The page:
A: I have a new Microsoft Office book, Microsoft Office All in One that will be coming out in October.  I'm also looking at some Web connectivity topics and of course network infrastructures. Either of these areas may be fodder for upcoming books.


Q: You must have both interesting and funny stories to tell from your many rich experiences—please share a few.


A: I think a number of my stories relate to stupid mistakes; for example spending hours troubleshooting a network connection problem on a coax Ethernet network, where the problem turned out to be a t-connector that fell off one of the computers. 


Another interesting experience was when I appeared on Tech TV for an interview. I was in San Francisco for the interview, which turned out to take less than 20 minutes. Before the interview, however, I probably spent 45 hours in the makeup chair as they attempted to take all the shine off my face and forehead (my hairline just isn't what it used to be). I didn't realize until I left the studio and jumped into a cab that I still had the makeup on.  I was wondering why people were looking at me as I strolled around San Fran.


Q: Which ten resources do you find the most useful?


A: 1) The Web, which is really a number of resources rolled into one. It gives you product information, case studies and keeps you up to date on issues affecting the IT world.


2) The SANS Website (although this is the Web, again) at Everyone in IT should be concerned with security and this site provides a huge resource.


3) Conferences, particularly Fall COMDEX in Las Vegas. Walking the convention floor will certainly get you up to date on the newest products and innovations. And you can always drop in few quarters in a slot machine if you need a temporary diversion from all the high-tech stuff.


4) Books, books, and more books. You have to read to really keep up with IT. The fact that I teach it and write about it means I have to do a lot of reading.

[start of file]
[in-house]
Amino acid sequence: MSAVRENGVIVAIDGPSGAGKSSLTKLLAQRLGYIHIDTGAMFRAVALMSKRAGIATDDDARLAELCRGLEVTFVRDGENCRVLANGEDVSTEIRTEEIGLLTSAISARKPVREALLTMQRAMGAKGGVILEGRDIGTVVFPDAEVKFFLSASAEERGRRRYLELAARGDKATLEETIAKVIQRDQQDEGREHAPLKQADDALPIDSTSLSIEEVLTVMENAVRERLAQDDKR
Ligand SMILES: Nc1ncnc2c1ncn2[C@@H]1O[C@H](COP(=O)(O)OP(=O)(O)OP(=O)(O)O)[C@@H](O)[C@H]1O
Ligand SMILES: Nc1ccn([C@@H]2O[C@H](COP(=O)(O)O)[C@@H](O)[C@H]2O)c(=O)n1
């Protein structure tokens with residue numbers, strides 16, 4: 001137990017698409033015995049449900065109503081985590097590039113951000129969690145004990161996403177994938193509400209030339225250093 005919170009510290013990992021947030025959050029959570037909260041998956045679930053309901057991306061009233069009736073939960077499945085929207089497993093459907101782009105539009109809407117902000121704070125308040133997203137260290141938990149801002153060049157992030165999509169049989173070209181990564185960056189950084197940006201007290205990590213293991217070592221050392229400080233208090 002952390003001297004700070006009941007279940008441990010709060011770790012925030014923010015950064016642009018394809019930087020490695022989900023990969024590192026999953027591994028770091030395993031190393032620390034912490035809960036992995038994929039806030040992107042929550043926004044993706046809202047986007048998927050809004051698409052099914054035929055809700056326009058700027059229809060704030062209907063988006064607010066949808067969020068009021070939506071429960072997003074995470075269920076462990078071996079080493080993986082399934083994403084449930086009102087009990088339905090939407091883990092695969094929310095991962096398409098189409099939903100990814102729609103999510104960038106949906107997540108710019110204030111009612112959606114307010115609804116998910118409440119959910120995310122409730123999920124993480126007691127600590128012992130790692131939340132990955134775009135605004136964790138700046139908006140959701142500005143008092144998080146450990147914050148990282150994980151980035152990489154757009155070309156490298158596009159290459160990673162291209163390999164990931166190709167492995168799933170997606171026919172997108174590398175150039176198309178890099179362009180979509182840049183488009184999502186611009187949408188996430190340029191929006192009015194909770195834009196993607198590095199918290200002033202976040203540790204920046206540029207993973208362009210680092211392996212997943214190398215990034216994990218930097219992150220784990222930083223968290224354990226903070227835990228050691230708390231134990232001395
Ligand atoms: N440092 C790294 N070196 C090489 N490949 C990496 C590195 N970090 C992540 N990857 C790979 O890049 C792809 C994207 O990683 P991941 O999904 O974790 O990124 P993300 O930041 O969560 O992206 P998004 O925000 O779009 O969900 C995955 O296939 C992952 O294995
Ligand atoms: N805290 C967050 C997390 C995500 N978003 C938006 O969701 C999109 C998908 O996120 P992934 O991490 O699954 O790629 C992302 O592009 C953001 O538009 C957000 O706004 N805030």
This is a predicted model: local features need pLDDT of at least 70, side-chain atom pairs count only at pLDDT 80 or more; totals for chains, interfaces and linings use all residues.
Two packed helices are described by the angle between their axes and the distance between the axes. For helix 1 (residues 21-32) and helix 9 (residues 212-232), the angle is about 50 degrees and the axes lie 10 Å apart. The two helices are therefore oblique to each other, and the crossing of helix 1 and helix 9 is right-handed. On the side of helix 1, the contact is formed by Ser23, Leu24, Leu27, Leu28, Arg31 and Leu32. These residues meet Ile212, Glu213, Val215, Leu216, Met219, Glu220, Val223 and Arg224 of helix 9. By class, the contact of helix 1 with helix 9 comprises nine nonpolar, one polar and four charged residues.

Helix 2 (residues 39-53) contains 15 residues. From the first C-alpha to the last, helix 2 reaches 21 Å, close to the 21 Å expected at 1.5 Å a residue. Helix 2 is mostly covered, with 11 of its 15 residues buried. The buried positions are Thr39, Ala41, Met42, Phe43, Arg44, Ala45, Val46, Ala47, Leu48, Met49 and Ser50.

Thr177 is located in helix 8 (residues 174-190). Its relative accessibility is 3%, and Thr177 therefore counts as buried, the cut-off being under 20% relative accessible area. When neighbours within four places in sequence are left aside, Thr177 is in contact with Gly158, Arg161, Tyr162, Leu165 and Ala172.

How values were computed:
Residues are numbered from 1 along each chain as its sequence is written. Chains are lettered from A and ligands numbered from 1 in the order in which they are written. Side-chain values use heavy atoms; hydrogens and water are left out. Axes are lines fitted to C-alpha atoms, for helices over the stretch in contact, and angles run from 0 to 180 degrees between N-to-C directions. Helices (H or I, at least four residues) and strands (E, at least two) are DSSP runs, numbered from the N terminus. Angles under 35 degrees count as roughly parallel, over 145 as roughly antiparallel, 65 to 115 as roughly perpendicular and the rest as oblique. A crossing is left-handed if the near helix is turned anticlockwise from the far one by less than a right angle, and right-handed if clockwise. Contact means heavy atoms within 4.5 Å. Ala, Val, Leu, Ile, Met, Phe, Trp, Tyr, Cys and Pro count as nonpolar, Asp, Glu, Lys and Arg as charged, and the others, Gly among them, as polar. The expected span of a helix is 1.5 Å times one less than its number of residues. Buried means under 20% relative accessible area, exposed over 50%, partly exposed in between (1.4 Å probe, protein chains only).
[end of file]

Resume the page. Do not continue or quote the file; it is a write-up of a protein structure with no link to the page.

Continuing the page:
5) Beta and demo software, there is no better resource than trying a product in a test lab.


I think we have 5 resources here, so if this was a test question, I obviously wouldn't get this one right. Oh, I probably forgot a very important resource: people. You need to join and attend IT organization meetings, even at the local level. It's important to share ideas and find out what the other guy (guy, not being gender specific) is doing.


Q: What drives you to do what you do?


A: Primarily a very keen interest in computer technology. Also I love to teach and have been lucky to teach in a variety of educational settings. I write primarily because it gives me the chance to teach beyond the classroom and reach a far wider audience.


Q: If you were doing this interview, what five questions would you ask of someone in your position and what would be your answers?


A: 1) I would ask, "What is the capital of Assyria"?  Sorry, that is an old Monty Python and the Holy Grail reference and I just couldn't resist.


2) Do you think technology is inherently good or bad in terms of the human condition?

I hope that people understand that we are really dividing the world into the technology haves and have-nots and this is going to affect developing countries as they attempt to become a part of the world market place.


3) What do you think people did at work before the Web?" The problem with a strong IT infrastructure is that it can become a novelty to the employees. A lot of that spam is because of hits on questionable sites by employees; it's not totally a result of how smart the spammers have become.


4) Where do you see IT careers going in the future? I think IT professionals will have to be generalists more than specialists. You won't just be able to be a router expert or the LAN guy. As the technology becomes cheaper and more robust, companies that can only afford a small IT staff will want to implement more of the technology available. And the ROI on this technology stuff is always questionable. Outsourcing may become more popular even for basic LAN management as the cost of keeping an employee in-house sky rockets. At least in the United States we have a real crisis related to providing employees with adequate health care and retirement options.


5) What was your first computer? I had a Tandy 100 portable. It had a separate "chipmonk" drive and a 300 baud modem. I also had an Adam that Coleco made. It had the noisiest printer ever made, but you could play cassette tape games on it. What more could you want from a computer other than printing and gaming?


Q: Do you have any more comments to add?


A: I think we have covered everything.


Q: Thank you again for sharing you valued knowledge and experiences.


A: You are very welcome.